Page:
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LNG tanker queues develop on USGC as exporters ramp up production

LNG tanker queues have begun to form on the US Gulf Coast this week, as three of the US’ major export facilities began ramping up production on improved export economics.

A total of seven tankers are in holding patterns just off the US Gulf Coast, with another two currently loading, data from S&P Global Platts Analytics showed Sept. 17.

Four of the tankers were queuing just off Port Arthur, where the US’ largest export facility Sabine Pass is located. Another two tankers were in a holding pattern just offshore of Freeport LNG, while one other tanker, the LNG Juno, has been lingering on the USGC for more than two weeks with no clear implied destination.

Another three tankers were shown in transit to the USGC.

The uptick in tanker activity coincides with a sharp ramp-up in feedgas utilization among USGC-based exporters since the start of September, despite Cameron LNG being out of action due to damage to electricity infrastructure caused be Hurricane Laura.

Feedgas uptake on the USGC has increased by almost 60% from pre-Hurricane Laura levels, when both Sabine Pass LNG and Cameron LNG were taken offline as a safety precaution.

Total US feedgas demand was nominated at 7.442 Bcf on Sept. 17, with the three active Gulf Coast facilities accounting for the lion’s share of that capacity, or 6.536 Bcf, data from Platts Analytics showed.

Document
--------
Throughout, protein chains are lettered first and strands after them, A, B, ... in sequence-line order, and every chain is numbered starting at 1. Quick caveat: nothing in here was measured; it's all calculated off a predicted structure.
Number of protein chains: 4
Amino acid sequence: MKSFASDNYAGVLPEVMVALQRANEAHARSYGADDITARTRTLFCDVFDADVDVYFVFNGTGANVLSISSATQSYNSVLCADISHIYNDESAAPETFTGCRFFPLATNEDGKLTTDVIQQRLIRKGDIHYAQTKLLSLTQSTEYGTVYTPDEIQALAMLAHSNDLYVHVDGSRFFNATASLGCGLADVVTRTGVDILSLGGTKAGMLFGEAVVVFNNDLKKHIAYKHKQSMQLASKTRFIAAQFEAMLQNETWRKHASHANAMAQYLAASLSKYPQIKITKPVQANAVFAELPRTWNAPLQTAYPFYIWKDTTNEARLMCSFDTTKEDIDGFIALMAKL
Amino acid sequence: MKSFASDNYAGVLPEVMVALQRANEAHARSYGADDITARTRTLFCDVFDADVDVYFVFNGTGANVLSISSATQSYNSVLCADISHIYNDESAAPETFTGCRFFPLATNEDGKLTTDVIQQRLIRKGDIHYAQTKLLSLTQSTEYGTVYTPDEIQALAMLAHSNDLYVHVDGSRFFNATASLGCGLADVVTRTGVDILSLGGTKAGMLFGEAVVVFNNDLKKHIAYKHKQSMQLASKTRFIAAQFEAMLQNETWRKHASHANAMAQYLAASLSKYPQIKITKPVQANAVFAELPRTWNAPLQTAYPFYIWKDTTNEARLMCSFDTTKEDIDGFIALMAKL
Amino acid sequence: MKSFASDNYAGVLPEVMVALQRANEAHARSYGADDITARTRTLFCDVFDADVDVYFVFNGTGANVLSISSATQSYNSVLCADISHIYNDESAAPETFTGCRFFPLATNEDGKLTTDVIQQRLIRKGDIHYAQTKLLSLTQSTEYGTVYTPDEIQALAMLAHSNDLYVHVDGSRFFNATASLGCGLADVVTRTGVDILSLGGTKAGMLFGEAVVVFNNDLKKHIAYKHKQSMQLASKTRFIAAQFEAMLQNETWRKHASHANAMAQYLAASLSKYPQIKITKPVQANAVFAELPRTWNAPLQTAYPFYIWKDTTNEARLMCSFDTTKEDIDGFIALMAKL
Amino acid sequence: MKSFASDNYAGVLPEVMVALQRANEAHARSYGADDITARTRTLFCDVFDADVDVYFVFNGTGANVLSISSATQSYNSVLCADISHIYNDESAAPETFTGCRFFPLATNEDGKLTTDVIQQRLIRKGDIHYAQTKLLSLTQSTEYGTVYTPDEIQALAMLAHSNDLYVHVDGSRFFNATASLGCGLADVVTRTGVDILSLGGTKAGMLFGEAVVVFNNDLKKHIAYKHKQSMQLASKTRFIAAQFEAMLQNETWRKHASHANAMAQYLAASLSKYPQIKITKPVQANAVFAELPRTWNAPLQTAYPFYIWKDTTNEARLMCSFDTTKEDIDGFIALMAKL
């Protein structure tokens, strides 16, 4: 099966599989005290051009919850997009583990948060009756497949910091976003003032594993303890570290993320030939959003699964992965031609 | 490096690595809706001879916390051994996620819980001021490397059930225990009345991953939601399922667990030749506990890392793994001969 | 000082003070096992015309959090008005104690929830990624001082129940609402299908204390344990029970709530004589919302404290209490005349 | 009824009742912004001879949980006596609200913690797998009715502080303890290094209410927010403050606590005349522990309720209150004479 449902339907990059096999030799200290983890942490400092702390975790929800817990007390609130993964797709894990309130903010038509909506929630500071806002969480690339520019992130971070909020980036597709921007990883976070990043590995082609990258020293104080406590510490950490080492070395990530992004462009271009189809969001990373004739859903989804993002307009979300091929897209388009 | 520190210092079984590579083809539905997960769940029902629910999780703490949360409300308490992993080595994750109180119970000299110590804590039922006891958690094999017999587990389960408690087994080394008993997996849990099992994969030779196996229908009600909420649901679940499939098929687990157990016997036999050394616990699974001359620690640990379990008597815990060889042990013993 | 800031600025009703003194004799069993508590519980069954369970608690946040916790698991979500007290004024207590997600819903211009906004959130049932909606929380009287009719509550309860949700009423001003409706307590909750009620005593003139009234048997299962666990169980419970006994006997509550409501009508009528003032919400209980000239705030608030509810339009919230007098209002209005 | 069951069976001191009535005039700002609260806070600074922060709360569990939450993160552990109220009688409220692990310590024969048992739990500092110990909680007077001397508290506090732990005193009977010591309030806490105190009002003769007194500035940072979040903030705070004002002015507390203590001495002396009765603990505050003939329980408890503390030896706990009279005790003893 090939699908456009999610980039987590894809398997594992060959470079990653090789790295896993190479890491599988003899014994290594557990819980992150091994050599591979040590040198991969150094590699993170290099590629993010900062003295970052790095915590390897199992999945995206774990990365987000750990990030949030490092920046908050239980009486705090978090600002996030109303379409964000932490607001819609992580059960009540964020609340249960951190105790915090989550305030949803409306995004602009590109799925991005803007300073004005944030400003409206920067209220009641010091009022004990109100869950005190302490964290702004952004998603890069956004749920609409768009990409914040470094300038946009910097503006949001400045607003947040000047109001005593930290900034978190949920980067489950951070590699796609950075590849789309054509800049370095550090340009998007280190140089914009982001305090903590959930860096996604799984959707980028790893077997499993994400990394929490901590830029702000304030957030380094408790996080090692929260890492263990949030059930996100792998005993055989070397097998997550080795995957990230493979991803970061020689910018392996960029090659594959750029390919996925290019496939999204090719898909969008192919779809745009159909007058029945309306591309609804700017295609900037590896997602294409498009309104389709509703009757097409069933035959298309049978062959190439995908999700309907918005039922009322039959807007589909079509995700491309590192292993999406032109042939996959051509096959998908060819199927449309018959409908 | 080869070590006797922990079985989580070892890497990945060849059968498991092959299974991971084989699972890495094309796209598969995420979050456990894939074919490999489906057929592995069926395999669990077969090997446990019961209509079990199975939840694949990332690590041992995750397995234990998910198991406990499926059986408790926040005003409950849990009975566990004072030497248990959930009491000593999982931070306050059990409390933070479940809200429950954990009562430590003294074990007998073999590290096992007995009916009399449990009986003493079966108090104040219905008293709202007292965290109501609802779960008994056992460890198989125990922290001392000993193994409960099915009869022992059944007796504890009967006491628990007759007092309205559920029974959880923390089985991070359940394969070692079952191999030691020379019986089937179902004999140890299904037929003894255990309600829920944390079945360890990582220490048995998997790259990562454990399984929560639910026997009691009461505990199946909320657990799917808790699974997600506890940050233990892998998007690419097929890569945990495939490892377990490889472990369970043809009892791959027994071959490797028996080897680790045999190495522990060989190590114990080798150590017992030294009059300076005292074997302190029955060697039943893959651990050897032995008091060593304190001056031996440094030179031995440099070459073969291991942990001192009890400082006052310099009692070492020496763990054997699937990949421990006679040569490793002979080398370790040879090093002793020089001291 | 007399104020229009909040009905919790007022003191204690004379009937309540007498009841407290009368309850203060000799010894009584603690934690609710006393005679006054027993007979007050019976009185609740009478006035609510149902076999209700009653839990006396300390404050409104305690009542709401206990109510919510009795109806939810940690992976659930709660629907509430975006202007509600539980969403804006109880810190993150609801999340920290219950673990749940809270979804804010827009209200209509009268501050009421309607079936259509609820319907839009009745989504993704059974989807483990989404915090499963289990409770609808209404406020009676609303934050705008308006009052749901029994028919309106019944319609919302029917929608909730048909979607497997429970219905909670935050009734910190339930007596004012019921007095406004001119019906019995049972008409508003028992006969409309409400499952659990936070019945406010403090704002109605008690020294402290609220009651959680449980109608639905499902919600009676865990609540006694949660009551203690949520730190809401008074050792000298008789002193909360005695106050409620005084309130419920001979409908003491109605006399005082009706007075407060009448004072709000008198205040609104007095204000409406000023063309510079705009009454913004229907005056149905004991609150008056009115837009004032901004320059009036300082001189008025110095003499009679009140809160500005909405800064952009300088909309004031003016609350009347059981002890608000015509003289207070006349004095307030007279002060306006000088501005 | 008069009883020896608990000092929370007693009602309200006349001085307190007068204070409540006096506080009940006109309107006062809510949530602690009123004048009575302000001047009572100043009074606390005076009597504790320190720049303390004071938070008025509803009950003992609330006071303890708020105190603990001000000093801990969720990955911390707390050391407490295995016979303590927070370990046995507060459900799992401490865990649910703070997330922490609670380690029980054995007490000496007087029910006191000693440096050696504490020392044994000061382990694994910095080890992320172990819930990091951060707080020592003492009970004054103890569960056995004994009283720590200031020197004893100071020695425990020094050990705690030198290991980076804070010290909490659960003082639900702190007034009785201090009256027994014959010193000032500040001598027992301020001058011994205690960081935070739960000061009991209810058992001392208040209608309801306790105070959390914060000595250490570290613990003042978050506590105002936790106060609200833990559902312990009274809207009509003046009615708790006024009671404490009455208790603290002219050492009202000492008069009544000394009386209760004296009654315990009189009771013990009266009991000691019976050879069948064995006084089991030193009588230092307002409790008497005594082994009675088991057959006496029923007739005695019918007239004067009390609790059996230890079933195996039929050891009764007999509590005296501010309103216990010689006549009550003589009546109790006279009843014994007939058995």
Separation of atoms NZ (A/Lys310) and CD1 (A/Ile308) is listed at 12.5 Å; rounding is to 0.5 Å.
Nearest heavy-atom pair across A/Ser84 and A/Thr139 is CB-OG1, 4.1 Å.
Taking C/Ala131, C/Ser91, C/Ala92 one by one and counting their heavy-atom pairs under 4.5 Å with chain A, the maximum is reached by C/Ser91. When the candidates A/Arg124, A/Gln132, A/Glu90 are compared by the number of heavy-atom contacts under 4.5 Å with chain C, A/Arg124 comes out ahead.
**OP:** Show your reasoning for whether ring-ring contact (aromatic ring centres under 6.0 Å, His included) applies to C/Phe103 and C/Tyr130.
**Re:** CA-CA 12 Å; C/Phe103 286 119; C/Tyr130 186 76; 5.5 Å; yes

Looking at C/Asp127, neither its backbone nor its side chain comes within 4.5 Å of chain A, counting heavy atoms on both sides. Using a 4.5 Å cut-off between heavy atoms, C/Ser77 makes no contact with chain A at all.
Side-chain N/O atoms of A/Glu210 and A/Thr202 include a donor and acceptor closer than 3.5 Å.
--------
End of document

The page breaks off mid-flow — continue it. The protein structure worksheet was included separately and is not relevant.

Tanker loading rates at USGC facilities have commensurately begun to increase as well, contributing to some of the vessel backlog currently being observed.

The average rate of tanker loadings so far for September has been the highest seen since May, with a noticeable uptick since Sept. 12. The seven-day average loading rate stood at 5.214 Bcf/day at the time of writing, well above the less than 1 Bcf/d seen at the start of the month.

The strong uptick in volumes can be attributed to the continued improvement of US spot export economics. The value of spot USGC-origin cargoes has been increasingly steadily at the same time that the cost of domestic gas in the US has been decreasing.

The spread between the Platts Gulf Coast Marker and the equivalent NYMEX Henry Hub futures contract crossed over from negative territory in early August. It strengthened to a 2020 high on Sept. 17. On that day, the GCM was assessed at $3.60/MMBtu, more than $1.30 above the equivalent HH futures contract.
Source: Platts

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